[Question #1121] Risk assessment

48 months ago
Hi Doctor,

I'm worried because I had an exposure a week ago, I went to a massage parlor, and the woman offered oral and mutual masturbation. The oral was unprotected, and I just shaved before so I had some shaving cuts on shaft and scrotum both were in contact with the inside of her mouth. Also, I had an active cold sore on my lips that was open meaning no crust and I accidentally touched it with my hands immediately after touching her wet vaginal.

I'm anxious because I read that cold sore increases the chances of getting HIV and that the virus die in contact with the air but can stay alive for some seconds and I'm afraid It was immediate contact.

What are my chances of getting any viral std from this encounter ? I'm over thinking it and loosing sleep, I have a very difficult to keep on a leash mind, if it's not too much to ask can you argument your answers with scientific facts.

Thank you doctor I really appreciate the work you are doing.
H. Hunter Handsfield, MD
H. Hunter Handsfield, MD
48 months ago
Welcome to the forum. Thanks for your question and for your kind comment about our services.

HIV is rarely if ever transmitted by oral sex; there are no proved cases of mouth to penis transmission. The shaving cuts do not increase the risk significantly and your oral herpes (cold sore) also does not matter. The indirect contact with your cold sore makes no difference. The same applies to other viral STDs as well, such as hepatitis B or C. No risk.

It does not matter how long HIV can survive outside the body. The important thing is that nobody in the world ever caught HIV from events like you had, and probably not viral hepatitis either. You were not at risk, even if your partner was infected -- which is unlikely (depending in part on what country you are in).

The biggest STD risk from this event is for gonorrhea or nongonococcal urethritis (NGU) from the unprotected oral sex. However, if no symptoms (discharge from the penis) within 10 days, you can be confident you didn't catch either one. There also is a potential risk for syphilis, but that also is extremely unlikely if no penile sore develops in the next 2-3 weeks. You can be accurately tested for gonorrhea (a urine specimen) any time more than 3-4 days after the exposure.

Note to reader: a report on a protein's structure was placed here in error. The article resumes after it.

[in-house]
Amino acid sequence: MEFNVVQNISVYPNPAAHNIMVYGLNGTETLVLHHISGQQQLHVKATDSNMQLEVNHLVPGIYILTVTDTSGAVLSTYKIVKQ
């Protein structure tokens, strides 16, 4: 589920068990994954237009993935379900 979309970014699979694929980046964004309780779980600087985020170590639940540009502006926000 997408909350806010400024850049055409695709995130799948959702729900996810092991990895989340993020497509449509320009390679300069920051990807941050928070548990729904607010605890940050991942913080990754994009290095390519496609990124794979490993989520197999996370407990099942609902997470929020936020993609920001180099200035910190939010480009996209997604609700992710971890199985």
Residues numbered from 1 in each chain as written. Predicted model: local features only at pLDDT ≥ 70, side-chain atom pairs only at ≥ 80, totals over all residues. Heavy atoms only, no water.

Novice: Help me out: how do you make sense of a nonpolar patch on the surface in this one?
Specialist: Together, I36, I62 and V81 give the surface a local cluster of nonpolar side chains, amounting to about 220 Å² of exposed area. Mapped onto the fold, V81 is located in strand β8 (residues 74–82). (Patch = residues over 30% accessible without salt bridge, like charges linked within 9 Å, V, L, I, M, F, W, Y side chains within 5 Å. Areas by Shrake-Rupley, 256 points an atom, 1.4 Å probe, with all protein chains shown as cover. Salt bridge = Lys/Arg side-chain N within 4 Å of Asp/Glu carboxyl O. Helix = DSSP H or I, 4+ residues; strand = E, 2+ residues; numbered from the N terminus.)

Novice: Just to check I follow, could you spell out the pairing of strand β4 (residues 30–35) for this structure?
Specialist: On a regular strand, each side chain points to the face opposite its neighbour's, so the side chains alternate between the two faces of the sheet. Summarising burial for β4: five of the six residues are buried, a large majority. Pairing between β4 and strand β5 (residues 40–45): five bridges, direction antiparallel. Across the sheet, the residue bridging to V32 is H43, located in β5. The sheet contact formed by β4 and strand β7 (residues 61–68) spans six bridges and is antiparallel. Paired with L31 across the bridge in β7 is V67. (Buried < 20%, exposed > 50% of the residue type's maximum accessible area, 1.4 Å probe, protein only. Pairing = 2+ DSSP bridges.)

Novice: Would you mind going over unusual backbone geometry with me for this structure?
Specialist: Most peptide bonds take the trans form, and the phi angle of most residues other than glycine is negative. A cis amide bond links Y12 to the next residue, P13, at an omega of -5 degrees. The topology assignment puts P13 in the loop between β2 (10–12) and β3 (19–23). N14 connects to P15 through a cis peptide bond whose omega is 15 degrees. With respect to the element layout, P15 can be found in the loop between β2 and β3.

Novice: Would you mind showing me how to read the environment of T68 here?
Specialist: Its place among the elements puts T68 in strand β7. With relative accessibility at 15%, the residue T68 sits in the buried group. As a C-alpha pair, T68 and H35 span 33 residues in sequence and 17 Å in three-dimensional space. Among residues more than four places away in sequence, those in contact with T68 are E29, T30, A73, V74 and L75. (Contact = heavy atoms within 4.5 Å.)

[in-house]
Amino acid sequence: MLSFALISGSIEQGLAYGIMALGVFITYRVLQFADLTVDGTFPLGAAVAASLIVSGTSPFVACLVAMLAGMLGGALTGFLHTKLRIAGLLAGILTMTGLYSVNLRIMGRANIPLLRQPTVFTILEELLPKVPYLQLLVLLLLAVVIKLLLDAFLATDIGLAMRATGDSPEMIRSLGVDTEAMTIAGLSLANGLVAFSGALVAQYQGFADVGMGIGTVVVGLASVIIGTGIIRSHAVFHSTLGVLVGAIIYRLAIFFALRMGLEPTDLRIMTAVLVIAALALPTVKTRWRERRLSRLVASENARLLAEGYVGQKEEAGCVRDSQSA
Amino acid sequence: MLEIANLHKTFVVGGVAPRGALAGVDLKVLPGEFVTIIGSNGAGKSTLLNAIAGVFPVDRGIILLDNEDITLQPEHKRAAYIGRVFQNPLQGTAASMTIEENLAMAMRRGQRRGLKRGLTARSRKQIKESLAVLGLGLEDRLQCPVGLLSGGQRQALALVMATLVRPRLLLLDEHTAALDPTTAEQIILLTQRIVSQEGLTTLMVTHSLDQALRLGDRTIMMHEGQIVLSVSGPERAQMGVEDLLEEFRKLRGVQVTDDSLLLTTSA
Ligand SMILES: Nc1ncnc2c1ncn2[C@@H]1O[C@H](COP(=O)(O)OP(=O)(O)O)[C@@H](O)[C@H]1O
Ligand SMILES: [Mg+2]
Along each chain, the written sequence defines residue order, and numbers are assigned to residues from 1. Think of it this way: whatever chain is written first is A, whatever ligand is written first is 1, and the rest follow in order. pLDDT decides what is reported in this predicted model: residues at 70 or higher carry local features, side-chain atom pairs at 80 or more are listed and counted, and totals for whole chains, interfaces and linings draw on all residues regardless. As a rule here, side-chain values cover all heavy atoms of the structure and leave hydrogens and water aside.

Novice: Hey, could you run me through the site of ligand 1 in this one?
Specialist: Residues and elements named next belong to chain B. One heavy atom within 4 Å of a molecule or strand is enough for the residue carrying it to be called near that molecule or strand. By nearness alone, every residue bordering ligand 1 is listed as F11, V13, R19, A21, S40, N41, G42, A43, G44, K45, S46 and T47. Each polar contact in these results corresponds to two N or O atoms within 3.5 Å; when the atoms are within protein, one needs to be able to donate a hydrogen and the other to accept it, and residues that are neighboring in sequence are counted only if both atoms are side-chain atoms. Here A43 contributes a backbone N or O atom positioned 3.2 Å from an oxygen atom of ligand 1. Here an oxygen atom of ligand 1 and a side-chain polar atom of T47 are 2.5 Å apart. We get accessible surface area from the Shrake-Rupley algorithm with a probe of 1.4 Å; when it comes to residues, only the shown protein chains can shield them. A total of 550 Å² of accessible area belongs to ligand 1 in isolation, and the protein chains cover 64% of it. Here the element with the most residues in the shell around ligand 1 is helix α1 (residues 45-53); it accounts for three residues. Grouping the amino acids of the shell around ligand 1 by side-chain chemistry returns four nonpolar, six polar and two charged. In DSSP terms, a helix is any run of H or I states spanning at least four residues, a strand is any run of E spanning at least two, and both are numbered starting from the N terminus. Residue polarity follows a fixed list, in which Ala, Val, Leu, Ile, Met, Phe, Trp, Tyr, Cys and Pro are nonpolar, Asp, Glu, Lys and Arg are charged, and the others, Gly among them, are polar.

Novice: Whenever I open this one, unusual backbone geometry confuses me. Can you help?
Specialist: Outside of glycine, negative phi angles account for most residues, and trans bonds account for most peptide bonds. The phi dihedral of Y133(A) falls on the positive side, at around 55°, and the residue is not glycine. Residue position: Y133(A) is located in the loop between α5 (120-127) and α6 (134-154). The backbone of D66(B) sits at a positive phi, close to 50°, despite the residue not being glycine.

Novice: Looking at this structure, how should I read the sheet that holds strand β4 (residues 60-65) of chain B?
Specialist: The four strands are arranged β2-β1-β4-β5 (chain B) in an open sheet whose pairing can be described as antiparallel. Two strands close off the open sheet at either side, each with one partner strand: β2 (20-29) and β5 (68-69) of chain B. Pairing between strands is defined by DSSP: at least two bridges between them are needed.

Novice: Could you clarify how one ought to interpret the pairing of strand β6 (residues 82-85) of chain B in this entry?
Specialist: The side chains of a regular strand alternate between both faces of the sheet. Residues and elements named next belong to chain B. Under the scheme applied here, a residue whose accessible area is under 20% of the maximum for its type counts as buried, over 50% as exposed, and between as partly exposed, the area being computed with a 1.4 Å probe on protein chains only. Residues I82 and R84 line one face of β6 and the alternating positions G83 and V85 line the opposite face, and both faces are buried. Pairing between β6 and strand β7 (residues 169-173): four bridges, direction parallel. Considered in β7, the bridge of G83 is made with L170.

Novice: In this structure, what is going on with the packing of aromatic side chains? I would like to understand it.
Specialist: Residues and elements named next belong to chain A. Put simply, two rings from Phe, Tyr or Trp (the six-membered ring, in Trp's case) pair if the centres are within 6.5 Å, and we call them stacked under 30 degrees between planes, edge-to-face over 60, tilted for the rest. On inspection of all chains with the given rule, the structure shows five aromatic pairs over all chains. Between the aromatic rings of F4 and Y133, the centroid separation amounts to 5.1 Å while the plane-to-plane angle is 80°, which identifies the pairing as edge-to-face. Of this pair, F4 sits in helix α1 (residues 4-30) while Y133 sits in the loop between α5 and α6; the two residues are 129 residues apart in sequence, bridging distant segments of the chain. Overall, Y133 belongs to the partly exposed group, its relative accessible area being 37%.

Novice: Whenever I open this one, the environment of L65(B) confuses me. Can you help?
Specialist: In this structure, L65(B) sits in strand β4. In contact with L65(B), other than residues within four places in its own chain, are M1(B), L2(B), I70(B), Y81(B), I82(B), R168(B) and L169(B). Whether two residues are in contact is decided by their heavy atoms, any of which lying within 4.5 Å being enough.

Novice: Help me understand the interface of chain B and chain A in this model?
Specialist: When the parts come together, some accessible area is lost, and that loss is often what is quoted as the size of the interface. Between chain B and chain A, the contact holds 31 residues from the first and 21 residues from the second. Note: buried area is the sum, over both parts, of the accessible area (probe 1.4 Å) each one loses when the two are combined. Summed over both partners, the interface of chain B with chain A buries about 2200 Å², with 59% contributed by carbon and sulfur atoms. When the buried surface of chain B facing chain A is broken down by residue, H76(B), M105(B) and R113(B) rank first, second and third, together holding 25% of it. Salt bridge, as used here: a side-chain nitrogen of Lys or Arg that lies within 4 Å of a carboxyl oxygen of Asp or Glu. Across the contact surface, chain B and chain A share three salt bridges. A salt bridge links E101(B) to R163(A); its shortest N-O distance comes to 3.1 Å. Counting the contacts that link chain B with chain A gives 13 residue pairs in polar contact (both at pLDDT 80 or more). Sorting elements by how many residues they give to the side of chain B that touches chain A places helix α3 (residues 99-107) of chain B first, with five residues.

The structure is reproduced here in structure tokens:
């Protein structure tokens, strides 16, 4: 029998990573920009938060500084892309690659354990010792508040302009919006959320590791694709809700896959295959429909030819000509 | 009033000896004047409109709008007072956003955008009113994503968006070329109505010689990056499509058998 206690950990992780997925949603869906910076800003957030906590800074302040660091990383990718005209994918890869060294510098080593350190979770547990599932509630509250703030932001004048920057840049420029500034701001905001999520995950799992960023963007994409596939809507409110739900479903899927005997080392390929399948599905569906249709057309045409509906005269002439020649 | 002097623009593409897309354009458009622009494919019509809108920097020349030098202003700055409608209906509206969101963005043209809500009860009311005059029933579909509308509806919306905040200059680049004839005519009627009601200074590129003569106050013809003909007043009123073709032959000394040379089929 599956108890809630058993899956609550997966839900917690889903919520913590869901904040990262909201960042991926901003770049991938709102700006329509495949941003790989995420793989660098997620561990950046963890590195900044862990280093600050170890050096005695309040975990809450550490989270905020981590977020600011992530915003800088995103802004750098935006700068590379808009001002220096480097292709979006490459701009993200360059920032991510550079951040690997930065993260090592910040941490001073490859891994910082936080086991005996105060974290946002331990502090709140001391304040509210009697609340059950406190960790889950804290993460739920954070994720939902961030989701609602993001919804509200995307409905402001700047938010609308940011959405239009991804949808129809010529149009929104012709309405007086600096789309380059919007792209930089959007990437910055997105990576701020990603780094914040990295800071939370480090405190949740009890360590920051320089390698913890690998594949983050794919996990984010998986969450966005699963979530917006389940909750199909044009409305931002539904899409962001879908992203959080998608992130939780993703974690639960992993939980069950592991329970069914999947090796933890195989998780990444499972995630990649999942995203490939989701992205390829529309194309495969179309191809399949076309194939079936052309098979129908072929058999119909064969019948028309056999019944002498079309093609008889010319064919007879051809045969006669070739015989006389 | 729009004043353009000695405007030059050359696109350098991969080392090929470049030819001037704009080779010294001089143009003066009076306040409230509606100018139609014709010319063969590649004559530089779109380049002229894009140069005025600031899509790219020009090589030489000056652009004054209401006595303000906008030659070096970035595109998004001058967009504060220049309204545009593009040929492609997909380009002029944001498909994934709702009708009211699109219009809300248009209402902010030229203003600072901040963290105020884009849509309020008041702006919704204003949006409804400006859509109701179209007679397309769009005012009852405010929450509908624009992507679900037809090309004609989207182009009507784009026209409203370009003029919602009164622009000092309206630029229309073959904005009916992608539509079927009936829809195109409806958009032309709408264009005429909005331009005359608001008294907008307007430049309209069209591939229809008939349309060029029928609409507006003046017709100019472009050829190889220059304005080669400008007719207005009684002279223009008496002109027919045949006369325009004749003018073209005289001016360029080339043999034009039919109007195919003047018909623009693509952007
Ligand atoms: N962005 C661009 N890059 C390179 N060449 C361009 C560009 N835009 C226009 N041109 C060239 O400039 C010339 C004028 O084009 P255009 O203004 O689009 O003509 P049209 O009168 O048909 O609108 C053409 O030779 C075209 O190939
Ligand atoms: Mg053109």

On the basis of this exposure, there is no need for blood testing. However, for reassurance purposes you might consider an HIV test in a few weeks. A 4th generaiton blood test (antigen-antibody, or "duo" test) will be conclusive any time 4 weeks or more after the exposure. (This does not mean I believe there was any risk for HIV. I do not. I mention it only because you might find the negative result more reassuring than my advice based on scientific probabilities.)

I hope this has helped. Let me know if anything isn't clear.

HHH, MD

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48 months ago
Thank you for your quick response, to give more information it happened in the U.S (east coast).

Your answer is reassuring, I don't have any real symptoms (I'm fairly certain most of what I feel is due to anxiety and over checking myself) so I guess I'll try to wait 3 more weeks and go for a full STD check (that makes it 4 weeks after exposure) would it pick up Hep B ? 

I'm confused regarding the cold sore, I'm not questioning your answer I just want to know for my own benefits why would it be risk free ? I read that CD4 cells are at the base of herpes blisters and that they are the main cells attacked by the HIV virus. Maybe I'm making connections that shouldn't be made, can you clarify for me please ?

Thanks again for your time.
H. Hunter Handsfield, MD
H. Hunter Handsfield, MD
48 months ago
I strongly recommend against testing for hep B. We never test for it in my STD clinic after any single heterosexual exposure and certainly not after an event like this. And don't get a "full" STD check. You already have HSV1 (your cold sores), so that would be positive, and you can't get HSV2 from oral sex, and there is no risk for viral hepatitis of any kind. Have a urine gonorrhea test (which will include chlamydia, although that also is no risk from this event) and the HIV and syphilis blood tests only. Anything else will be a waste of money.

You are indeed making theoretical connections about herpes lesions and HIV risk. Trust me on this:  nobody EVER gets HIV in situations like this. It doesn't happen and you won't be the world's first case. Don't worry about the biology -- the fact that there have been no such transmissions should be sufficient. And in any case, in multiple research studies HSV1 infections have never been found to be associated with increased risk of HIV, only HSV2.

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